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Magical encounters in the Moroccan city of Marrakech

There’s more to the Moroccan city of Marrakech than souks and spices – here are the top seven under-the-radar experiences.

Marrakech Hidden Experiences

A trek through these plaited hills of the Atlas Mountains is one of the more peaceful things to do in this part of Morocco – but it isn’t necessarily what first comes to mind when you think of the city’s souks, spices and snake charmers. In fact, there are many secrets to be uncovered. Here are the seven best under-the-radar things to do, from where to drink mint tea to the treks worth taking.

Marrakech Hidden Experiences

Many stick to tagine while in Morocco, but you should also try its sibling dish, tanjia. Like tagine, it’s named after the container it’s cooked in (in this case, a tall, urn-like pot), and is made from slow-cooked lamb and spices. Although the most authentic tanjias are found in Mechoui Alley, these are often topped with real sheep’s heads – so for a less squeamish experience, head to Le Marrakchi. Here, the tanjia is made with beef and comes with brilliant views over the buzzing Jemaa El-Fna Square.

One of the best things about Marrakech is that there are so many tranquil spaces hidden literally behind closed doors. Case in point: Le Jardin Secret. In the 19th century, this courtyard garden was part of one of the largest riads in the Medina and, following a 2016 refurbishment, it’s now open to visitors. It’s an outstanding example of Islamic art and architecture – from its mosaic-tiled waterways to the elegantly carved archways. Stay for a fresh juice in the lime tree lined pagoda, although be warned that cafe service is minimal to none.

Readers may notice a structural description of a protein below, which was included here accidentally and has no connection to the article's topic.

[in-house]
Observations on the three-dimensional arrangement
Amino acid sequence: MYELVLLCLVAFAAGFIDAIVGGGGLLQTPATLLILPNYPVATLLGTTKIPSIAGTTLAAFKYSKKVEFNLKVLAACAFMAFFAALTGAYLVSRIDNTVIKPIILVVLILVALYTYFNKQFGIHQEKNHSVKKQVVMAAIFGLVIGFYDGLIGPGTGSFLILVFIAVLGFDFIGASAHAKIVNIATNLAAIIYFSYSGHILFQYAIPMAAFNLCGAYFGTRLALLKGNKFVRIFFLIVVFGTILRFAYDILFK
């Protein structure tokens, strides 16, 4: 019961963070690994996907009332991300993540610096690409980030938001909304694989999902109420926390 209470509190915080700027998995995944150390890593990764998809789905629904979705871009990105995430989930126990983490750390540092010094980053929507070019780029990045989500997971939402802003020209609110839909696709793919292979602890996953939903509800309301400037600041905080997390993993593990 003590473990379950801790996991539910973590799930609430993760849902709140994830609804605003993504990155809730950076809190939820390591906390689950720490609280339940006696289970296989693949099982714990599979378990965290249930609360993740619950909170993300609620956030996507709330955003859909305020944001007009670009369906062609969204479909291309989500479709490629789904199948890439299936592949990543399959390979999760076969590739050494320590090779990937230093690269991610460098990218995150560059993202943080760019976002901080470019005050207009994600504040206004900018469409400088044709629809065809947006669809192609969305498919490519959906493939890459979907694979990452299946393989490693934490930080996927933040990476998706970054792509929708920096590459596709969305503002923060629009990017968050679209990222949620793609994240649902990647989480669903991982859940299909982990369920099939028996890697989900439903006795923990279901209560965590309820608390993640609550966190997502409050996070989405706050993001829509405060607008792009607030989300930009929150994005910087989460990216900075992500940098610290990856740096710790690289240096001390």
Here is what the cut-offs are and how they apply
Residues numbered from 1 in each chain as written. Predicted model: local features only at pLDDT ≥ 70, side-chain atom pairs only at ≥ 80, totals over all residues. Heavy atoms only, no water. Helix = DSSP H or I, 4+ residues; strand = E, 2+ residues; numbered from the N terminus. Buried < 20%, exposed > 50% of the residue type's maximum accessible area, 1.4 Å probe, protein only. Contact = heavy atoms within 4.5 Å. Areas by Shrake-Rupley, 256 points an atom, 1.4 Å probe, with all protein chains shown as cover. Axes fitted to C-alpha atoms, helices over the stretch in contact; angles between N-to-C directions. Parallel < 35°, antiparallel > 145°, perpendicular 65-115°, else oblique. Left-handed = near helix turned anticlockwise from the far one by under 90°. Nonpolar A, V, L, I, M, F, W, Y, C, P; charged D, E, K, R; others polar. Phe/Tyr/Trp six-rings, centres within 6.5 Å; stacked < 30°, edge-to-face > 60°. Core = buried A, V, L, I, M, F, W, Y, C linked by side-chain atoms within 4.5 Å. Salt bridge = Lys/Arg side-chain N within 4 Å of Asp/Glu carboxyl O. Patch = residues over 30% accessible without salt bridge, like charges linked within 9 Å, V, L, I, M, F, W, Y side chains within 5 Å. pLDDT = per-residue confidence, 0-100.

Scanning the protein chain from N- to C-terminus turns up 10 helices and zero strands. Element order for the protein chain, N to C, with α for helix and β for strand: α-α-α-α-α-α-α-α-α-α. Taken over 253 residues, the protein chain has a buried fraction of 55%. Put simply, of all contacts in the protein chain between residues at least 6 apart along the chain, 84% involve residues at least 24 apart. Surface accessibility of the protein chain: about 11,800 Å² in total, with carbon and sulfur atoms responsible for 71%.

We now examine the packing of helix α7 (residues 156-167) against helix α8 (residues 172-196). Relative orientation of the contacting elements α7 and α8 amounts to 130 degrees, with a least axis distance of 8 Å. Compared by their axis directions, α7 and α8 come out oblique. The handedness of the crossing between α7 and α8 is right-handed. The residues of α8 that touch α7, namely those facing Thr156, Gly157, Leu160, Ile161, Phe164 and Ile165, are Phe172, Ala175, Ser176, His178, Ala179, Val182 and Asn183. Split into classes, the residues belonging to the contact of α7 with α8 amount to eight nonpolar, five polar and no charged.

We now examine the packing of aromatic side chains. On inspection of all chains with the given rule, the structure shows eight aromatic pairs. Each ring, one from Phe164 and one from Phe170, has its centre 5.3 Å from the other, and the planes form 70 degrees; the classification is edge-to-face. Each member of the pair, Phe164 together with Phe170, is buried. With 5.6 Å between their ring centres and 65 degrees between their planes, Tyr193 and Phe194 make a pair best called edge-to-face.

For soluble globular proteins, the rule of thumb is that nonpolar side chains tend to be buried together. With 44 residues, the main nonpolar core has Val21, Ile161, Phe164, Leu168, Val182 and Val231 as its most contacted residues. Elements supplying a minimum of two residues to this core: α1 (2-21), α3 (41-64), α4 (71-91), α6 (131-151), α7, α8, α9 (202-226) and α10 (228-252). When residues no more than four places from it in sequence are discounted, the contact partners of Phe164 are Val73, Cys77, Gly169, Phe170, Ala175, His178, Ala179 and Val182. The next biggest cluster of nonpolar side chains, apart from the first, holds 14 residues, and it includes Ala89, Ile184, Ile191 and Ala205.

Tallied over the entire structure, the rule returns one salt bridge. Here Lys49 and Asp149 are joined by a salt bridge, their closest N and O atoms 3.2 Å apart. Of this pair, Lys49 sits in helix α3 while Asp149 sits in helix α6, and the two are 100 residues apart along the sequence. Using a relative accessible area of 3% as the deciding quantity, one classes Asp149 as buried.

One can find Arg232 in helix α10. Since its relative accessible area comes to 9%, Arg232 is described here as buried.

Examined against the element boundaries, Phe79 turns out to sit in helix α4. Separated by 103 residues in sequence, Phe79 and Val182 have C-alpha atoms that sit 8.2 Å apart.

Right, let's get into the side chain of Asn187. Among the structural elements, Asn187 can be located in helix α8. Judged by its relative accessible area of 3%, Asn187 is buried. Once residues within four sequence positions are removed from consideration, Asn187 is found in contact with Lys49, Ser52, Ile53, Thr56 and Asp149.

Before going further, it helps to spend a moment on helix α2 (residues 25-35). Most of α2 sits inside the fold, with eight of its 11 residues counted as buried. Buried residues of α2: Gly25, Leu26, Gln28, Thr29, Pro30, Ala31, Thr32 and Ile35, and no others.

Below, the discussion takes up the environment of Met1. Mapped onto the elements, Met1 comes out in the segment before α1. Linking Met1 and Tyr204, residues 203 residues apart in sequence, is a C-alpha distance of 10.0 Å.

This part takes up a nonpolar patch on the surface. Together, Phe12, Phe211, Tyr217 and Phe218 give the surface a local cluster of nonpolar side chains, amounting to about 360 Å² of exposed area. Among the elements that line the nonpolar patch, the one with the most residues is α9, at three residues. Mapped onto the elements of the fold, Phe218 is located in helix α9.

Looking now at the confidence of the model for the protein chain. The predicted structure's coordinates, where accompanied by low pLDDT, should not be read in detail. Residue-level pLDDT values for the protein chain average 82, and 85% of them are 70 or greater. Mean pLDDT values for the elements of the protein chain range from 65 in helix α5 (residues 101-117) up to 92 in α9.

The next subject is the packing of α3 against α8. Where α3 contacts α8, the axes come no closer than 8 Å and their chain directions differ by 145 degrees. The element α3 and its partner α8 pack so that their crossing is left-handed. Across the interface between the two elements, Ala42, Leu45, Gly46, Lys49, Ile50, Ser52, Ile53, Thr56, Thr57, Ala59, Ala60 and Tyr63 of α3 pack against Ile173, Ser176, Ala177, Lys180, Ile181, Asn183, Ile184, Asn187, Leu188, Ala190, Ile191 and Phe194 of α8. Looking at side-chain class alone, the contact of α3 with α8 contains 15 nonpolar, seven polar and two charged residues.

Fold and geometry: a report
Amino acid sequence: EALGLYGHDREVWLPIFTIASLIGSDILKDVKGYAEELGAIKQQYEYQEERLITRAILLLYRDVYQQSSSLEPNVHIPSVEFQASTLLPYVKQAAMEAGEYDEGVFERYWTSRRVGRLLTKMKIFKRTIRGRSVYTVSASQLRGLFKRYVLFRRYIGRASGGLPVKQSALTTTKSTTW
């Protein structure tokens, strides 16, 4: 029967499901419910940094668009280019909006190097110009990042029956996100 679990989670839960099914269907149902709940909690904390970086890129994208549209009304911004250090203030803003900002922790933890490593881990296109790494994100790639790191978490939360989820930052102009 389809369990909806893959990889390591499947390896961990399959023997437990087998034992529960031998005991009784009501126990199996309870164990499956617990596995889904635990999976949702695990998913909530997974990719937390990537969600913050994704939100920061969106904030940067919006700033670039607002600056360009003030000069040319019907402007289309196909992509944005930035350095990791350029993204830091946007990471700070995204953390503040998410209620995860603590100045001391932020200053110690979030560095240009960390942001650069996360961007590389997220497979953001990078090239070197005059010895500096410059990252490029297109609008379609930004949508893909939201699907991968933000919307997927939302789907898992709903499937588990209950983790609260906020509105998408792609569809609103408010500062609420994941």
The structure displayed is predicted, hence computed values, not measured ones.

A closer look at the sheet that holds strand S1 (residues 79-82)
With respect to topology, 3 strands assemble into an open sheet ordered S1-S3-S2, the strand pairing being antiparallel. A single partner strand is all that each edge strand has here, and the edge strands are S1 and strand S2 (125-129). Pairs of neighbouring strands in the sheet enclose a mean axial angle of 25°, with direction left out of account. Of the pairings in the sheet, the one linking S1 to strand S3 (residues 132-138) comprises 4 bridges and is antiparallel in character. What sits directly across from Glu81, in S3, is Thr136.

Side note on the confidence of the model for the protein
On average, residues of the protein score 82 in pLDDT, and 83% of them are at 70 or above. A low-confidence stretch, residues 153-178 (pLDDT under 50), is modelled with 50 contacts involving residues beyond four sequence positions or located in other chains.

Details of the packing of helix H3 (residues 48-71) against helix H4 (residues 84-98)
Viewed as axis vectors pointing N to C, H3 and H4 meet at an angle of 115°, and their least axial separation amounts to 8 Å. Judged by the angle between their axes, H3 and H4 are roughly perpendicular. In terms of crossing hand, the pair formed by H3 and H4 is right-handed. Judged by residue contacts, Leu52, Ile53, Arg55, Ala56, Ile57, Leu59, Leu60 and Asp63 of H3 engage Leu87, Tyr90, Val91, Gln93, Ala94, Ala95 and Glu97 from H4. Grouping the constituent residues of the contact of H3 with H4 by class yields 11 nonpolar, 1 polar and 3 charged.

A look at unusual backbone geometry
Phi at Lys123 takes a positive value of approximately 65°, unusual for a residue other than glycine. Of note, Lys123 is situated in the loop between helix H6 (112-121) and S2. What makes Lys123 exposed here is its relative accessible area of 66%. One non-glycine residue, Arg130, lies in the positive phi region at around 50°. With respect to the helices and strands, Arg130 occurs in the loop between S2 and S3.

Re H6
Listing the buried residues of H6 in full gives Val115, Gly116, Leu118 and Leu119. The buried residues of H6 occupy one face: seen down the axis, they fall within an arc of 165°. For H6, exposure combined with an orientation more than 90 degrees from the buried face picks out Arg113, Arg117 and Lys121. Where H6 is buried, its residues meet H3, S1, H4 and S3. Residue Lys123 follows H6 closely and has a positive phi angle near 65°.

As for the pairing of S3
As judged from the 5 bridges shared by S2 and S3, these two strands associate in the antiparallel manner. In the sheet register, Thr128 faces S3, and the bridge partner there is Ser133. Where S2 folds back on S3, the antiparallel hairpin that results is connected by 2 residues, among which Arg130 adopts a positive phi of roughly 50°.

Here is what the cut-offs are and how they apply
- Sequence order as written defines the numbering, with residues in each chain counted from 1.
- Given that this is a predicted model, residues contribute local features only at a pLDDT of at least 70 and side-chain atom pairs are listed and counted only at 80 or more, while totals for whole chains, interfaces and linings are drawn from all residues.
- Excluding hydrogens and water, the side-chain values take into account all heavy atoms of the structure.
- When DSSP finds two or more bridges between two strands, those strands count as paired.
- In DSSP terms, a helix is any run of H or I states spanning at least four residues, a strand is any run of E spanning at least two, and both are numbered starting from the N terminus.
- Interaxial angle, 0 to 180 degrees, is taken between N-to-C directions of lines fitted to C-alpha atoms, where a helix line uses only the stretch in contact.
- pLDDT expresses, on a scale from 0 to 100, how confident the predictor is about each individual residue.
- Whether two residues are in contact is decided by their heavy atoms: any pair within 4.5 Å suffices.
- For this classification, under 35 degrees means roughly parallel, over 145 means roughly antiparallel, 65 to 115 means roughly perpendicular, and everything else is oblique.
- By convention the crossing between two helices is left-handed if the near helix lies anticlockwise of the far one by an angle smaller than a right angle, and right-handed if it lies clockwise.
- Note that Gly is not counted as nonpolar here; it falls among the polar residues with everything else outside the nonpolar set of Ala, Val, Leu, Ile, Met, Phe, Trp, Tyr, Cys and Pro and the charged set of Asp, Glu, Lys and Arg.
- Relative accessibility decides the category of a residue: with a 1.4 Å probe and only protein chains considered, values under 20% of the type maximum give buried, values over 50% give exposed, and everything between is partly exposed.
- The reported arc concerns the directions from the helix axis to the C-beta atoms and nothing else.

Visiting the souks is a must when exploring Marrakech. However, when buying high-quality souvenirs, head for 33 Rue Majorelle, which is Marrakech’s first concept store. It’s two full floors of quality homewares, fashion and beauty products, all made by local Moroccan artists and brands. Don’t worry about suitcase space, either – they’ll arrange for bulkier items to be shipped directly to your home.

Every artefact in this neon-bright tearoom was designed by Hassan Hajjaj, an artist often referred to as the Moroccan Andy Warhol. To find it, follow the signs scrawled onto the spice market walls (hint: it’s near the ever-popular Nomad Café). Once inside, you’re met with a kaleidoscope of upcycled pop art, including photographs that have been displayed in galleries from New York to Paris. You might even bump into the artist himself, if he’s in residence.

Marrakech Hidden Experiences

The saw-toothed Atlas Mountains fringe practically every vista in Marrakech. Although you can soar over the peaks in a hot-air balloon or whizz through them in a classic car, by far the best way to experience them is on foot with a Berber guide. Up here, it’s a slower pace of life, with the better treks taking you through waterfalls and up tagine-coloured hills, culminating in a mint tea and a home-cooked meal at one of the Berber villages.

Marrakech’s it-crowd heads for lively Kabana at sunset, but make for Le Salama – just off Jemaa El-Fna – to avoid the crowds. It’s a traditional Moroccan restaurant with Casablanca-inspired interiors (think vintage-stacked bookcases, lime-green latticed screens and plenty of palm trees). Still, the main allure is its rooftop Sky Bar. Here, you can see all the way across to the Atlas Mountains while seated under a ceiling of plants – the perfect pitstop after a day exploring the souks.

When it comes to gardens in Marrakech, Les Jardins Marjorelles always receives a lot of love, but few venture to Cactus Thiemann, which was planted initially using succulents from Les Jardins. It’s a 6.9-hectare nursery that rises from the desert like a Martian vegetable garden and happens to be Africa’s largest cactus farm. To get there, drive 20 minutes out of Marrakech until you see the handwritten sign reading “cacti” – an understatement, given that there are more than 150 of the spiny plants here, with one stretching over 26 metres tall.

This story was first published by and is republished with kind permission. For more information, please email [email protected]

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